A last missing link for interoperable representation

Ken Whistler via Unicode unicode at unicode.org
Tue Jan 8 15:43:08 CST 2019


On 1/8/2019 1:11 PM, James Kass via Unicode wrote:
> But we're still using typewriter kludges to represent stress in Latin 
> script because there is no Unicode plain text solution.

O.k., that one needs a response.

We are still using kludges to represent stress in the Latin script 
because *orthographies* for most languages customarily written with the 
Latin script don't have clear conventions for indicating stress as a 
part of the orthography.

When an orthography has a well-developed convention for indicating 
stress, then we can look at how that convention is represented in the 
plain text representation of that orthography. An obvious case is 
notational systems for the representation of pronunciation of English 
words in dictionaries. Those conventions *do* then have plain text 
representations in Unicode, because, well, they just have various 
additional characters and/or combining marks to clearly indicate lexical 
stress. But standard written English orthography does *not*. (BTW, that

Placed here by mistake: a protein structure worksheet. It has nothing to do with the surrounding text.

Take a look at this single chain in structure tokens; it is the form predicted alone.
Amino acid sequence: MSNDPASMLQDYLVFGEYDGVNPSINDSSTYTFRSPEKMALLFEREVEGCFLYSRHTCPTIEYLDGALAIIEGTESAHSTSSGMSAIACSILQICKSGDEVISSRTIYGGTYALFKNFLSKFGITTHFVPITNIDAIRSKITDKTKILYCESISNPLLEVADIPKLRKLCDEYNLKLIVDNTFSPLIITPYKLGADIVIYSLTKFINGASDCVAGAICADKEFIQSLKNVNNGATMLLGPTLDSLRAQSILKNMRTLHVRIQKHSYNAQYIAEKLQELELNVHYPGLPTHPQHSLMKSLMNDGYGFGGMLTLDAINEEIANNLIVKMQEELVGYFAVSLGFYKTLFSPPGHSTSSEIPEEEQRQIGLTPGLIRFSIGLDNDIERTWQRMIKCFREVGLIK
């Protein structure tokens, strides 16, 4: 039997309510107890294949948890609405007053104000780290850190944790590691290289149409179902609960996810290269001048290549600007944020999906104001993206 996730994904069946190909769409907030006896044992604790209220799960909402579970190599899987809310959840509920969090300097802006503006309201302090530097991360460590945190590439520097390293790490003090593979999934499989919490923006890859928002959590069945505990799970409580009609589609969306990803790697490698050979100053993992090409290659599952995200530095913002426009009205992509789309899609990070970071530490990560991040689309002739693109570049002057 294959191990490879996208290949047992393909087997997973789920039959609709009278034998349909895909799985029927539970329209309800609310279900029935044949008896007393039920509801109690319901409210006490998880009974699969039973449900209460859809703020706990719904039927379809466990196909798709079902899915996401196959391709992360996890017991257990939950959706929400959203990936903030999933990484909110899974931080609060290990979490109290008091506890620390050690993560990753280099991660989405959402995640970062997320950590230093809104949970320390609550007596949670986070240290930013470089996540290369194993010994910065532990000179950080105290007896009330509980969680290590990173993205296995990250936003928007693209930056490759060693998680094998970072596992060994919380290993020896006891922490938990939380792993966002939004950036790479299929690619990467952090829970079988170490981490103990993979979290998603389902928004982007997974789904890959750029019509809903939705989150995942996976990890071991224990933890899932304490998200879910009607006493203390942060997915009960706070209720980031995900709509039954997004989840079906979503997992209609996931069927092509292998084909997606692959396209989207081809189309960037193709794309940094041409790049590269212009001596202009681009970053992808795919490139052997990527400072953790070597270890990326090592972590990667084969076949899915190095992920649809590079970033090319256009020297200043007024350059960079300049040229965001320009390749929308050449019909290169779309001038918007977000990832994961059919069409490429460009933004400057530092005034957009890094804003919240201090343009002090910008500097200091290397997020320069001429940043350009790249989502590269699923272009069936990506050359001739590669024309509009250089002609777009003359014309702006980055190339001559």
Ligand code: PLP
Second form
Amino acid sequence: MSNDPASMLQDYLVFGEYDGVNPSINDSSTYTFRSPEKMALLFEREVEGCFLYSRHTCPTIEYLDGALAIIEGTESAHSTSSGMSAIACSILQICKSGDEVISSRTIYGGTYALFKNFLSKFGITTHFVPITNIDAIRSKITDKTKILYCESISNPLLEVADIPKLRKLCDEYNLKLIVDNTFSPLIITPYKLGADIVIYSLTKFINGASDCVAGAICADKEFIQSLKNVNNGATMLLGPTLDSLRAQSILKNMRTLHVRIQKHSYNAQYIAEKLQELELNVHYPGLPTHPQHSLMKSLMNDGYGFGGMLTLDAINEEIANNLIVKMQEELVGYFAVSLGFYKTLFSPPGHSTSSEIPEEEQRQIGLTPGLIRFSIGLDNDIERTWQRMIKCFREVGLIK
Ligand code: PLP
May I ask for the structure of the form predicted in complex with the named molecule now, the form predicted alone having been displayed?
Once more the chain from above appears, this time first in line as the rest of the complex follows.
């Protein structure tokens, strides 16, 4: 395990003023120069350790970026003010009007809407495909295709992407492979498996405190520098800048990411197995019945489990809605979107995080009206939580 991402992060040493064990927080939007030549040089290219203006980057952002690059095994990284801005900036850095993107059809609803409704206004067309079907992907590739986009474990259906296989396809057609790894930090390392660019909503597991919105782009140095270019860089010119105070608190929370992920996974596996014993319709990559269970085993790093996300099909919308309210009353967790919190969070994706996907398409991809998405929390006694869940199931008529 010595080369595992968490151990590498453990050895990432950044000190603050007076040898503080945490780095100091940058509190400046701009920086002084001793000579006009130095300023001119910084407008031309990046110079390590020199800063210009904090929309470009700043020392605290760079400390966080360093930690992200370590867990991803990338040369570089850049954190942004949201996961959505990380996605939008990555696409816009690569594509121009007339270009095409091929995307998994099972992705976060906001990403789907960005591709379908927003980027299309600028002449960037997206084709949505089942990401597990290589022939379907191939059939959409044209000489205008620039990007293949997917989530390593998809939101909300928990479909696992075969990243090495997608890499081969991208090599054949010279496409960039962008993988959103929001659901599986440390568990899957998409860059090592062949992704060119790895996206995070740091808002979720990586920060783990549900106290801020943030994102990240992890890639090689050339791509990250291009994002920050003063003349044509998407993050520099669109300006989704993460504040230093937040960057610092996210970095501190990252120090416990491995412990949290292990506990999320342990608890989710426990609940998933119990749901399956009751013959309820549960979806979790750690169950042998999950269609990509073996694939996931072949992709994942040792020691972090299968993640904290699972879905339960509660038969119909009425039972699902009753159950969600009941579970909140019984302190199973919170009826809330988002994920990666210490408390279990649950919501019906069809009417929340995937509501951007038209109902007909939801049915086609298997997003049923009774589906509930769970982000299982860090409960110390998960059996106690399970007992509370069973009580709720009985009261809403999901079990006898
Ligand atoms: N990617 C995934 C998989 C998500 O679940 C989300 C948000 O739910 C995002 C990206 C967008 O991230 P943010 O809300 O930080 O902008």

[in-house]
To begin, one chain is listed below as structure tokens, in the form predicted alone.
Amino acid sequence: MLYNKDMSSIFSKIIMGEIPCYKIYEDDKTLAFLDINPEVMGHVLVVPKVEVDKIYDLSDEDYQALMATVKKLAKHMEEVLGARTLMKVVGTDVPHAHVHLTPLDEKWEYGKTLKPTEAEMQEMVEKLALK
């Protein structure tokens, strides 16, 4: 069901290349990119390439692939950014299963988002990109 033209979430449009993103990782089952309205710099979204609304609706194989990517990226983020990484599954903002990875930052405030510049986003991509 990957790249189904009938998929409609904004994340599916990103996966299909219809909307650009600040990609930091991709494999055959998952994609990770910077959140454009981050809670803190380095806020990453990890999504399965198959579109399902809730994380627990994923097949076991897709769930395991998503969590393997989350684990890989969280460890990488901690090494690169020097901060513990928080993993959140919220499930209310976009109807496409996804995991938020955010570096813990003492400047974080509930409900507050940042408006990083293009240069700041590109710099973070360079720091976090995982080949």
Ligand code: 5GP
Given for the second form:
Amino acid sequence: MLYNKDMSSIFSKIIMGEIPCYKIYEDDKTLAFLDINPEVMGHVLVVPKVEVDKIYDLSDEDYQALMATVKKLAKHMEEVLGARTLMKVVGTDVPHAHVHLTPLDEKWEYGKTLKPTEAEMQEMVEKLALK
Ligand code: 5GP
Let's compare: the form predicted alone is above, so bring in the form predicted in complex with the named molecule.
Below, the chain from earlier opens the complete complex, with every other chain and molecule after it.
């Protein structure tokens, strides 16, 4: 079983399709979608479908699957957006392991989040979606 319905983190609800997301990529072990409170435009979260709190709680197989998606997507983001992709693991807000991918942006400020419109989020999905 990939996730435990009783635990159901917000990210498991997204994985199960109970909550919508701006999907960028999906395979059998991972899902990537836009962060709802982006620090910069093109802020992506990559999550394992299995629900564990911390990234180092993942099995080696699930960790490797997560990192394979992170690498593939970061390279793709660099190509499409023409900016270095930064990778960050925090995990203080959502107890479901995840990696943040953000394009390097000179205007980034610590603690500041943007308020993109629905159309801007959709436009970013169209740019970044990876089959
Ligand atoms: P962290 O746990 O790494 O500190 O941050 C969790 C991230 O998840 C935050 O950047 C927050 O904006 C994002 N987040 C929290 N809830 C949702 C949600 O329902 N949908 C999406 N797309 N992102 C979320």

is in part because marking stress in written English would usually 
*decrease* legibility and the usefulness of the writing, rather than 
improving it.)

Furthermore, there is nothing inherent about *stress* per se in the 
Latin script (or any other script, for that matter). Lexical stress is a 
phonological system, not shared or structured the same way in all 
languages. And there are *thousands* of languages written with the Latin 
script -- with all kinds of phonological systems associated with them. 
Some have lexical tones, some do not. Some have other kinds of 
phonological accentuation systems that don't count as lexical stress, 
per se.

And there are differences between lexical stress (and its indication), 
and other kinds of "stress". Contrastive stress, which is way more 
interesting to consider as a part of writing, IMO, than lexical stress, 
is a *prosodic* phenomenon, not a lexical one. (And I have been using 
the email convention of asterisks here to indicate contrastive stress in 
multiple instances.) And contrastive stress is far from the only kind of 
communicatively significant pitch phenomenon in speech that typically 
isn't formally represented in standard orthographies. There are numerous 
complex scoring systems for linguistic prosody that have been developed 
by linguists interested in those phenomenon -- which include issues of 
pace and rhythm, and not merely pitch contours and loudness.

It isn't the job of the Unicode Consortium or the Unicode Standard to 
sort that stuff out or to standardize characters to represent it. When 
somebody brings to the UTC written examples of established orthographies 
using character conventions that cannot be clearly conveyed in plain 
text with the Unicode characters we already have, *then* perhaps we will 
have something to talk about.


More information about the Unicode mailing list